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Factory's Foul Stench Has Evanston Neighbors Demanding A Solution; 'Don't Take No For An Answer'

CHICAGO (CBS) -- Imagine opening your front door and getting smacked in the face by a stench. A foul odor often descends on a neighborhood in Evanston, and CBS 2 Morning Insider Lauren Victory went inside their fight against the fumes.

It's a quiet, but growing pocket of Evanston near the city's West End. As younger families move in, so is a feeling of camaraderie.

"Once we started sending some community-wide emails, it was something that we realized was a greater problem," Evanston resident Jeff Parker said of the stink plaguing the neighborhood.

Worried parents began to bond over a stench that permeates the area.

"You leave your house, and you're hit with a very strong asphalt chemical smell," Parker said.

Evanston resident Mike Boll filed complaints about the asphalt smell he said is caused by the Tapecoat Co. factory, located across the alley from his back yard.

"I can smell it in the front yard when I come home from work. It's really bad," he said. "I'll pet the dogs, and I'll smell it on my hands."

Complaints about the stench initially fell flat, as Cook County inspectors found no odors on multiple visits.

"This kind of gave me a lesson in 'Don't take no for an answer,'" Boll said.

He flagged down the Illinois Environmental Protection Agency. CBS 2 got hold of a Bureau of Air Investigation report from February, when representatives from Tapecoat acknowledged odor issues.

By April, an email between Tapecoat parent company Chase Corporation, Evanston leaders, and the Illinois EPA detailed possible solutions; including a carbon absorption chamber, odor masking technology, and odor neutralizing chemistry.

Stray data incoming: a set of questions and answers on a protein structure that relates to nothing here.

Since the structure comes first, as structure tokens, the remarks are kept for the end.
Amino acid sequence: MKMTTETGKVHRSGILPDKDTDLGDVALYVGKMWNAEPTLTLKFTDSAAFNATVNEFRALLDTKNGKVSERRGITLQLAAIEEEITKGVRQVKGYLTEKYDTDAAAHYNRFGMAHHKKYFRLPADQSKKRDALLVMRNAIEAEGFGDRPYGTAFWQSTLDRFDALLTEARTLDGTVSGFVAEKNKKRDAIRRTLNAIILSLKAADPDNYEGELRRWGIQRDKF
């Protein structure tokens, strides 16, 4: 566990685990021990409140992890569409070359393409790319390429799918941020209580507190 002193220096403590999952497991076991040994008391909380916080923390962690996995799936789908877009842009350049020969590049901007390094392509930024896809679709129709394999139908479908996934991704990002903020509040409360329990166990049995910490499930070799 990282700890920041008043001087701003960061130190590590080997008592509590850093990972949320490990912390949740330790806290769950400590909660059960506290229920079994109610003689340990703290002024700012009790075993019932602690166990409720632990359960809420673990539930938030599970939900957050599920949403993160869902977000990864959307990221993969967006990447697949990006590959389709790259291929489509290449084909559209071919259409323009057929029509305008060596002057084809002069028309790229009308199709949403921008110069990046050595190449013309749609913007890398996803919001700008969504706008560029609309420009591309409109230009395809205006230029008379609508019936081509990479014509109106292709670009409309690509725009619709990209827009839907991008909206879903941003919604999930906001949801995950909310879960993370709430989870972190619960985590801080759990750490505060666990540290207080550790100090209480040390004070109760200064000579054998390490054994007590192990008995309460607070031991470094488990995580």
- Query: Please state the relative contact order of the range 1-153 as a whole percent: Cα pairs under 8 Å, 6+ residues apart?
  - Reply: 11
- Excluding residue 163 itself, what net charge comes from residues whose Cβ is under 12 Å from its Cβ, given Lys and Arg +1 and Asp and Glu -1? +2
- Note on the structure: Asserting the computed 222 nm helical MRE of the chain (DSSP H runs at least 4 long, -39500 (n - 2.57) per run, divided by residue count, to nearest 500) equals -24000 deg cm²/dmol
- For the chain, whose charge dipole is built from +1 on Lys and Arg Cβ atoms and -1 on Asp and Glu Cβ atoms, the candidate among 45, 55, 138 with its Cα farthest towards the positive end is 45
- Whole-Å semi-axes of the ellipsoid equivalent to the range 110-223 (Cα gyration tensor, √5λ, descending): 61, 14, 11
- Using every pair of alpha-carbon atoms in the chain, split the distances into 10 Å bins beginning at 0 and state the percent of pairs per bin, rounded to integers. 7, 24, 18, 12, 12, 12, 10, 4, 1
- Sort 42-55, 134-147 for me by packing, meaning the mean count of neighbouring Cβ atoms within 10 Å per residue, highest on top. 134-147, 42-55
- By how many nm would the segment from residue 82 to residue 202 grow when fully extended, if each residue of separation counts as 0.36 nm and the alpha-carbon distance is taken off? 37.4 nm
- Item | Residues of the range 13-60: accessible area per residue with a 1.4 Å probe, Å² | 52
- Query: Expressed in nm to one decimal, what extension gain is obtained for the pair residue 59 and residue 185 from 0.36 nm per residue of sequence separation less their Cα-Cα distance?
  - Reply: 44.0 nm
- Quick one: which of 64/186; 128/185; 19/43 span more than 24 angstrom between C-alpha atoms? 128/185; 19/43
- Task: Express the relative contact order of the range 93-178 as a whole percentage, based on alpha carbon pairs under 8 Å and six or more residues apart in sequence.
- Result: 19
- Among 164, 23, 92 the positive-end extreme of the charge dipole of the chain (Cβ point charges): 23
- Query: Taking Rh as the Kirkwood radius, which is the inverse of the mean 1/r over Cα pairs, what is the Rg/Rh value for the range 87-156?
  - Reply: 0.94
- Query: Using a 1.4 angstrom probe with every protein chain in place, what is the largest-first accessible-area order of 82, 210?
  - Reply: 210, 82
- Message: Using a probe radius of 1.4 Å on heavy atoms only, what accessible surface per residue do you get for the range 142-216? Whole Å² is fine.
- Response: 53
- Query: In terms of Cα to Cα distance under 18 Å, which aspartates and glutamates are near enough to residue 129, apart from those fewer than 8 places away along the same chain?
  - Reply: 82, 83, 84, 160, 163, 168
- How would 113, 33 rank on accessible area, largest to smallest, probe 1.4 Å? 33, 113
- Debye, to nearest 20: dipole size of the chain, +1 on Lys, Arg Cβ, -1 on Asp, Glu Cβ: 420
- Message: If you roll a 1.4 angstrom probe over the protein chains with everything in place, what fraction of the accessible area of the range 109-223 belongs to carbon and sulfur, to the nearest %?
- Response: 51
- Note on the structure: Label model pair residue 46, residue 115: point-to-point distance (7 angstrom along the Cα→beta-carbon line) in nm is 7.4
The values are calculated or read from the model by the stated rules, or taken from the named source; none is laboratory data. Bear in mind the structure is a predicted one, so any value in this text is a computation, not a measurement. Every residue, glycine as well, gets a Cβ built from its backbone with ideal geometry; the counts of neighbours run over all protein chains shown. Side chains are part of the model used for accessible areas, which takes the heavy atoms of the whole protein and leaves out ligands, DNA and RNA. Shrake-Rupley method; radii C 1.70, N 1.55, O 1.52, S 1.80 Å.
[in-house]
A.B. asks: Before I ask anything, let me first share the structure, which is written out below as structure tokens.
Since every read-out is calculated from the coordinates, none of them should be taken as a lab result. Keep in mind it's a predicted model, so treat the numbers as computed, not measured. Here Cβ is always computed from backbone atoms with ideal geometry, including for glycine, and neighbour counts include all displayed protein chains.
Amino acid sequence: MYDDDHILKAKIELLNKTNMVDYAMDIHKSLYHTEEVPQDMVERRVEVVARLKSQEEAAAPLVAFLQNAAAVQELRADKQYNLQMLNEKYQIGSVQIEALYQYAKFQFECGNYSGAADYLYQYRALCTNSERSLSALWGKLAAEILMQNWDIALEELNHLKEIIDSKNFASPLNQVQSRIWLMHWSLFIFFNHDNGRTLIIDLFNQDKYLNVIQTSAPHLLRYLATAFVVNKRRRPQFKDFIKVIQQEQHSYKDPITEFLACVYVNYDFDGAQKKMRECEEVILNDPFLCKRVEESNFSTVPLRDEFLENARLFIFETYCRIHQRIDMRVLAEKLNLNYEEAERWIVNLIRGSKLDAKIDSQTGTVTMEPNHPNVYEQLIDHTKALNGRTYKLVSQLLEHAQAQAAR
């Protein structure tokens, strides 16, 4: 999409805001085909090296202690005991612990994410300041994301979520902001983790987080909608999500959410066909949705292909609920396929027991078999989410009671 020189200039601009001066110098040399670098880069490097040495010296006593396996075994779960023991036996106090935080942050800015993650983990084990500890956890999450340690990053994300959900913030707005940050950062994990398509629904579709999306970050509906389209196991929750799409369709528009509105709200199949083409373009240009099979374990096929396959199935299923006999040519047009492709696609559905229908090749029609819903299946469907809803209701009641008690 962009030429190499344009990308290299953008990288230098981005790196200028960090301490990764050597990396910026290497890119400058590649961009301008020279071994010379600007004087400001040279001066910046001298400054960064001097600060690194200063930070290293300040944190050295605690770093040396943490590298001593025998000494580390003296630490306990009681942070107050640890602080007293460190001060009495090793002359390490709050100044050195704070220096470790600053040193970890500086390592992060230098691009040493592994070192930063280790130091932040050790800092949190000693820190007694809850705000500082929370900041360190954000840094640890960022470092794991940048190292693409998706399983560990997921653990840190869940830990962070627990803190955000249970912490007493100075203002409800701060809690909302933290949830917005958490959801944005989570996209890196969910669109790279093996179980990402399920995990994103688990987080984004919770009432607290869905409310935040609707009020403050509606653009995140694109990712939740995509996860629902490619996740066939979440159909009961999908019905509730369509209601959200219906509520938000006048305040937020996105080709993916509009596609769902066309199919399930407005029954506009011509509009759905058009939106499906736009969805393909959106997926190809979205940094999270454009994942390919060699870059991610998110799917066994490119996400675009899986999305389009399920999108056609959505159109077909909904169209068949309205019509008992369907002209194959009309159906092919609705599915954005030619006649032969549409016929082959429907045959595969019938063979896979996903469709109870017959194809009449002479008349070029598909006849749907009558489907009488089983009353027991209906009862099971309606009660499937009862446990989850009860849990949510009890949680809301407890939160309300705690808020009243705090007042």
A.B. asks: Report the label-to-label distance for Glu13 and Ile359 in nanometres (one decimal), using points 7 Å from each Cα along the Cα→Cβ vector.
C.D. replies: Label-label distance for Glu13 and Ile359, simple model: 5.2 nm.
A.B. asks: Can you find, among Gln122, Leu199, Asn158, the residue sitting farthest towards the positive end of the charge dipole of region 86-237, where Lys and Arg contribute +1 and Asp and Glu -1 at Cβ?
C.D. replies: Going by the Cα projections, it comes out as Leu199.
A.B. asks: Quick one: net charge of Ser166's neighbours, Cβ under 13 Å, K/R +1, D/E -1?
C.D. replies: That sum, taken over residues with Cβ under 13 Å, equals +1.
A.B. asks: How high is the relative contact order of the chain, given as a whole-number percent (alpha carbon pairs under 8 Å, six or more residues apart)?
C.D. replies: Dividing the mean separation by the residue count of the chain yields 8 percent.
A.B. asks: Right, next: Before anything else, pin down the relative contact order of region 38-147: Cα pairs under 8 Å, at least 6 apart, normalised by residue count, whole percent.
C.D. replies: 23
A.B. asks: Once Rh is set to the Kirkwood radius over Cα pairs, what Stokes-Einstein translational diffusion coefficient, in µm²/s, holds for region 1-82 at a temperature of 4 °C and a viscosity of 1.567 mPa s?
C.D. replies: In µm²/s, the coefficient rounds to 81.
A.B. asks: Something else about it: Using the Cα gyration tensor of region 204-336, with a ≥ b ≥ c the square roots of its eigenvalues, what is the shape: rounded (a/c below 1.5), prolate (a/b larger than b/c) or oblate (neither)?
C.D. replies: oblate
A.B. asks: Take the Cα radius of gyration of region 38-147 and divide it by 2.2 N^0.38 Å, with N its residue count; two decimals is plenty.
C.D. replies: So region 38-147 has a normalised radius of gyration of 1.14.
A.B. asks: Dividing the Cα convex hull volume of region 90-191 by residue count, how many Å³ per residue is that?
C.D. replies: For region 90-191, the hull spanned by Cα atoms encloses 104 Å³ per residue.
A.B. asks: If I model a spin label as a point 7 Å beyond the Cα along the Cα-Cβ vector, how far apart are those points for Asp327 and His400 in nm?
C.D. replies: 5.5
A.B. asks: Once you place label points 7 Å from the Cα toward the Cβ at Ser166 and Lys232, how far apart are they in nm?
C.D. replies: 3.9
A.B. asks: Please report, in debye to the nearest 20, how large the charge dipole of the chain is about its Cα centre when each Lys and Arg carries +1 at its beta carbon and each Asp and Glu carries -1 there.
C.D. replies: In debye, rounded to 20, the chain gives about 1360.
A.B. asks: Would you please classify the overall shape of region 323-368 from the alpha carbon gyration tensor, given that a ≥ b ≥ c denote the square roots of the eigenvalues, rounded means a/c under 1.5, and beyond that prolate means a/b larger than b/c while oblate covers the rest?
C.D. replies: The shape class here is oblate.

Neighbors notices a change this spring.

"What they've tried is basically to spray what smells like Febreze into the air with the exhaust," Boll said. "It's not really fixing the problem. It's just making two smells instead of one smell."

Families kept pressing and started to track asphalt odors on a community log, filing more than 100 entries between May and November.

Six months after the state inspection, Tapecoat was hit with an air pollution violation. The notice specifically mentioned numerous citizen complaints.

While Chase Corporation declined requests for an on-camera interview, they did write back a pretty interesting email. The CEO said if exhaustive and costly efforts don't work in the next six months, "we will halt production of the product at this location."

"That would be great," Boll said.

Parker said he'll believe it when he sees it, or more precisely when he doesn't smell it anymore.

"I think we've all banded together enough that it's no longer going to fly under the radar," he said.

Evanston's health director said no one has tested the air yet, but the city will follow the direction of the state. The Illinois EPA said Tapecoat's odor situation is an ongoing enforcement issue.

The Illinois Attorney General's office could take on the case if the EPA ultimately determines Tapecoat isn't trying hard enough to eliminate the stench.

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